FDA Expands Use of Remdesivir for COVID-19 Treatment

August 31, 2020 — The Federal Drug Administration has broadened its emergency use authorization for the anti-viral drug remdesivir to include all hospitalized coronavirus patients, not just those who are so ill they require ventilators or oxygen therapy.

“Today, as part of its ongoing efforts to fight COVID-19, the U.S. Food and Drug Administration broadened the scope of the existing emergency use authorization (EUA) for the drug Veklury (remdesivir) to include treatment of all hospitalized adult and pediatric patients with suspected or laboratory-confirmed COVID-19, irrespective of their severity of disease,” the FDA said Friday in a news release.

Remdesivir was originally developed for hepatitis C and Ebola that has been shown to shorten the recovery time for people severely ill with coronavirus. Peer-reviewed data indicates the median recovery time for coronavirus patients who received remdesivir was 11 days, compared to 15 days for those who received a placebo.

In May, the FDA approved remdesivir for coronavirus patients who were severely ill, defined as having blood oxygen levels so low they needed oxygen therapy or ventilators.

With the broadened authorization, the drug can be used to treat “suspected or laboratory-confirmed COVID-19 in all hospitalized adult and pediatric patients,” the FDA said.

“The data show that this treatment has the potential to help even more hospitalized patients who are suffering from the effects of this devastating virus,” FDA Commissioner Stephen M. Hahn, M.D., said in the news release.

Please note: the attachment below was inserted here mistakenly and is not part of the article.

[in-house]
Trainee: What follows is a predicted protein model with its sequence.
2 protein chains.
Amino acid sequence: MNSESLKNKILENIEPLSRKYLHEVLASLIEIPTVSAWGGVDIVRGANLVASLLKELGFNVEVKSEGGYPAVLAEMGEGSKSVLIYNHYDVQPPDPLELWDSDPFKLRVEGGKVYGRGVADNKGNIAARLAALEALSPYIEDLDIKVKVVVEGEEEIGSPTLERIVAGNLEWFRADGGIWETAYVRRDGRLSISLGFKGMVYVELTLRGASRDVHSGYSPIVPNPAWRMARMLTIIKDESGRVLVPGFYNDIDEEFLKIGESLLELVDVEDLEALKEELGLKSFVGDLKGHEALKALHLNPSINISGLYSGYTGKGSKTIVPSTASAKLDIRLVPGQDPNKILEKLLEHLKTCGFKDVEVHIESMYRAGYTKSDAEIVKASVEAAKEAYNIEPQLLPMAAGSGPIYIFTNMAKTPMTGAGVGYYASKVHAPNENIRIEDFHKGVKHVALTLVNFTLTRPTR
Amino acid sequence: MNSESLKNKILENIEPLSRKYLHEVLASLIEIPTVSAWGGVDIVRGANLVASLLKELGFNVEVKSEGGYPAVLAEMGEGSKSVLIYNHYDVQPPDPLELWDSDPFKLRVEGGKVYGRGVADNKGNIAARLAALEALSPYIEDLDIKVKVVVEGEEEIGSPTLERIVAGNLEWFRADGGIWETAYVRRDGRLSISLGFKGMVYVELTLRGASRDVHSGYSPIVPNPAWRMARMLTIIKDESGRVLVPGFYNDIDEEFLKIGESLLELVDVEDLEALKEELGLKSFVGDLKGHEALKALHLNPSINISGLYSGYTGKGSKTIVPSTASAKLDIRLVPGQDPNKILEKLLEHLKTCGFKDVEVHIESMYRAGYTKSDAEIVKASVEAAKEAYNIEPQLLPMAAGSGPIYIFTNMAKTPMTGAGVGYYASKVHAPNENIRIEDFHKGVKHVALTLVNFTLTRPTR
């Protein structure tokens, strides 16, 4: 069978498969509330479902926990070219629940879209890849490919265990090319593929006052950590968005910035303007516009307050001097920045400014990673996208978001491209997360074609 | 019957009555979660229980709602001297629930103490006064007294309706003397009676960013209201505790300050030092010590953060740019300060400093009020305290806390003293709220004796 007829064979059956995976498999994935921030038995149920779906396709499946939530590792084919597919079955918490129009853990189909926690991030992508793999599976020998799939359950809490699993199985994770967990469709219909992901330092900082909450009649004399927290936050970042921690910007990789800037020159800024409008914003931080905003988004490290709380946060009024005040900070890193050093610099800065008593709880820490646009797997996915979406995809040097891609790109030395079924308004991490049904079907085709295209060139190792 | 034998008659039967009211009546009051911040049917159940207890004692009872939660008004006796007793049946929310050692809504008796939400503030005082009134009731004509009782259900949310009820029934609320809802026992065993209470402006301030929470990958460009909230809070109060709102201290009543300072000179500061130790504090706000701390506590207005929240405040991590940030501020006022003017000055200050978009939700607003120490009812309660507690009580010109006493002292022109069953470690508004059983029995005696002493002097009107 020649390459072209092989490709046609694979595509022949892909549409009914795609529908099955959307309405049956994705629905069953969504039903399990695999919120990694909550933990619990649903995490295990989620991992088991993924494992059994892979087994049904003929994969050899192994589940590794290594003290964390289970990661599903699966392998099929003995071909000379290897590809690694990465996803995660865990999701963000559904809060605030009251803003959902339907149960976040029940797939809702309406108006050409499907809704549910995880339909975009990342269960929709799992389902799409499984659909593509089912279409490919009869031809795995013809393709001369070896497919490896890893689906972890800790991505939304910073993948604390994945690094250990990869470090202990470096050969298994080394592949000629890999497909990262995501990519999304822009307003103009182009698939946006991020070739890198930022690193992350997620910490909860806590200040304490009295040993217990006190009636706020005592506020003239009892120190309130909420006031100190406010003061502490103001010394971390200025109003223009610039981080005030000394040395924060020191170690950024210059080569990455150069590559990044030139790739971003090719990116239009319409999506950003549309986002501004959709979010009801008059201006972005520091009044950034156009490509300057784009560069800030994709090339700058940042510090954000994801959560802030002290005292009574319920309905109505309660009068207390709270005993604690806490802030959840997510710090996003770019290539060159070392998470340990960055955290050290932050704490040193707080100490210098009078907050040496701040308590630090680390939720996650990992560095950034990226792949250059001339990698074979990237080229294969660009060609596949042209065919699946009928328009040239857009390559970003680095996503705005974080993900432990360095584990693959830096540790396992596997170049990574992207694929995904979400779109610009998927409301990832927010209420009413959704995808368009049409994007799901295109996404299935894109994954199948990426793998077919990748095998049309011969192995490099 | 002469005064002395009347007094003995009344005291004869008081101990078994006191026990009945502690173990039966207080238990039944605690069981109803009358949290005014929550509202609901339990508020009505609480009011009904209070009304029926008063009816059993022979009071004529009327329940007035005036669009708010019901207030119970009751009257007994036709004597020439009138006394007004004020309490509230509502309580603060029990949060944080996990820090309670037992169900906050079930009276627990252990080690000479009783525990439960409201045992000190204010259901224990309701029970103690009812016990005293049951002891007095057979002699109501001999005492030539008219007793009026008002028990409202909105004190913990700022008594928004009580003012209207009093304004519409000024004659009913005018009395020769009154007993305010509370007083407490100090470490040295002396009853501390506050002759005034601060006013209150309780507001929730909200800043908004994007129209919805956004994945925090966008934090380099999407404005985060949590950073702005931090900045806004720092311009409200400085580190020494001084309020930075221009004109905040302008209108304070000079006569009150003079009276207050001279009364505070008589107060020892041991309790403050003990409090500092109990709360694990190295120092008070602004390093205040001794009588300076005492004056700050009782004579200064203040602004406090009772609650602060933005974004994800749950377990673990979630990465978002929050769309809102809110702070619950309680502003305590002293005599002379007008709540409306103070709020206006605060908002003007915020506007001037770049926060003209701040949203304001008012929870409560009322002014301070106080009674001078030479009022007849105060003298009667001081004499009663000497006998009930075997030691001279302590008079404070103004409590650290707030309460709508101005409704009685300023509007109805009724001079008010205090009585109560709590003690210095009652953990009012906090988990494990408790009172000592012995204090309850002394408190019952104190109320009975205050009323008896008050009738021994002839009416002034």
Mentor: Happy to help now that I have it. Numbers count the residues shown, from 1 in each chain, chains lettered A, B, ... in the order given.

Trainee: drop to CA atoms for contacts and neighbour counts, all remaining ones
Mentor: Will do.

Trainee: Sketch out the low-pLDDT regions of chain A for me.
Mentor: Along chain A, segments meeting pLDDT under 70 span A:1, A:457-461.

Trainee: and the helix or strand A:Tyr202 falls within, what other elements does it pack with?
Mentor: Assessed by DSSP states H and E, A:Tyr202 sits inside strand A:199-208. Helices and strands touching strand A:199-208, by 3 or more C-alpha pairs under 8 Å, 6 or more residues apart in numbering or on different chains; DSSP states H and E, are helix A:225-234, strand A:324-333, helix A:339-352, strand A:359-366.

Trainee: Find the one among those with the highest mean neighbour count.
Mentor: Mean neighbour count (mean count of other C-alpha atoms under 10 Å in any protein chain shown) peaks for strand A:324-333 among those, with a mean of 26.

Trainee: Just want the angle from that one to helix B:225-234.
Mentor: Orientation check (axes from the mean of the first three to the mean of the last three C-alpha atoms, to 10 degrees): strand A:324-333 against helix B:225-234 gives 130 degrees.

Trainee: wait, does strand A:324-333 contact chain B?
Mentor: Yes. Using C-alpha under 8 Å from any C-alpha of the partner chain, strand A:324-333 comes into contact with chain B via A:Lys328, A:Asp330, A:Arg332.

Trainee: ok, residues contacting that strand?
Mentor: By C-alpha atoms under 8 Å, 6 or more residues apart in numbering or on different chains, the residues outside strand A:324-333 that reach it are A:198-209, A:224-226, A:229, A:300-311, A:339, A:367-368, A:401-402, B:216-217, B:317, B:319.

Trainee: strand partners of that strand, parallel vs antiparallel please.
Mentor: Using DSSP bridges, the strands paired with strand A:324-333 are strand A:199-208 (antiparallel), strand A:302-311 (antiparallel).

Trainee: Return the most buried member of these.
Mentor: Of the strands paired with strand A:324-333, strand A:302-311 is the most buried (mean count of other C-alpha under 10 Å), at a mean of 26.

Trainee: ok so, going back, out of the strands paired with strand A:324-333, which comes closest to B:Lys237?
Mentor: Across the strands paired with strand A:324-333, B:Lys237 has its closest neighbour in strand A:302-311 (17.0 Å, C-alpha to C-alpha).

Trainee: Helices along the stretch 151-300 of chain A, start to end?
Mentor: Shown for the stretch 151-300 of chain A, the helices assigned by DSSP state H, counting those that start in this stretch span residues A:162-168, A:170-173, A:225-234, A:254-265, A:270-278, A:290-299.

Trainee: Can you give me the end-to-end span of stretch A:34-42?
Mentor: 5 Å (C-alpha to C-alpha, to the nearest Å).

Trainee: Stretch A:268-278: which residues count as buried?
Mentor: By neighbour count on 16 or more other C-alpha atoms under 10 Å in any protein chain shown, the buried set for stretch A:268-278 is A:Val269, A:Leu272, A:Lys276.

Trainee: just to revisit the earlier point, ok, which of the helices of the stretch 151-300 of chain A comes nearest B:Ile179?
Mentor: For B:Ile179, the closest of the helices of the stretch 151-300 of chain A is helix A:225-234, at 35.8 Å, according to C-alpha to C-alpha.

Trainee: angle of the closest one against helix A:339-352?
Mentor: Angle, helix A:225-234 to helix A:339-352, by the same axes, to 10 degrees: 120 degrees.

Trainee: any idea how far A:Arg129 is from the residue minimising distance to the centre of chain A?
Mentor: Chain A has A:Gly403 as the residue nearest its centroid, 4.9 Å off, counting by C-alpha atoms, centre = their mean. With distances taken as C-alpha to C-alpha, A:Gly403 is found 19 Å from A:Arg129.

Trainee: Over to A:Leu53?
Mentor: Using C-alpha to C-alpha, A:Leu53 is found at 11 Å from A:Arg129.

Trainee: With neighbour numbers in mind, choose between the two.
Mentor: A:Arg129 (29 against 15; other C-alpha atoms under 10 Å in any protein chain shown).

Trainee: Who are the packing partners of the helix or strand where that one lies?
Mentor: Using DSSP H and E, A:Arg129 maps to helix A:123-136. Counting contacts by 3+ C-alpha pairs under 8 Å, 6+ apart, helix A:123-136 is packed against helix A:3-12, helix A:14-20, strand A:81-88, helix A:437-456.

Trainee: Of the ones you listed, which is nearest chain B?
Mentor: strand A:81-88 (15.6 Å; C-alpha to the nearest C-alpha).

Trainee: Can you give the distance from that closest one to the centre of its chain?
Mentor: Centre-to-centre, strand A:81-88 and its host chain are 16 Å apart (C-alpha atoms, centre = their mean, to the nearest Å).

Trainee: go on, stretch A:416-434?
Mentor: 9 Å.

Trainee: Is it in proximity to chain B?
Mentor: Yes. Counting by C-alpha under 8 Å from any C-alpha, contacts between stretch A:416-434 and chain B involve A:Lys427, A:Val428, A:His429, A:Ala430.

Gilead Sciences, the drug company that makes remdesivir, praised the decision.

“With the growing understanding of the utility of Veklury to help improve outcomes for a range of patients with COVID-19, we welcome the FDA’s decision to expand emergency use authorization,” Merdad Parsey, MD, chief medical officer for Gilead Sciences, said in a news release

“As we learn more about COVID-19 and we further establish the efficacy and safety profile of Veklury, we see benefit to making the drug available to patients at earlier stages of the disease. Today’s action by the FDA enables physicians to consider a broader range of eligible patients to potentially receive Veklury.”

For a patient with private insurance, Gilead would charge hospitals $520 per dose, which would come to $3,120 for a typical treatment of six doses over 5 days, Gilead said last June.For patients with Medicare or other government-sponsored insurance, Gilead would charge $390 per dose, or $2,340 for six doses.

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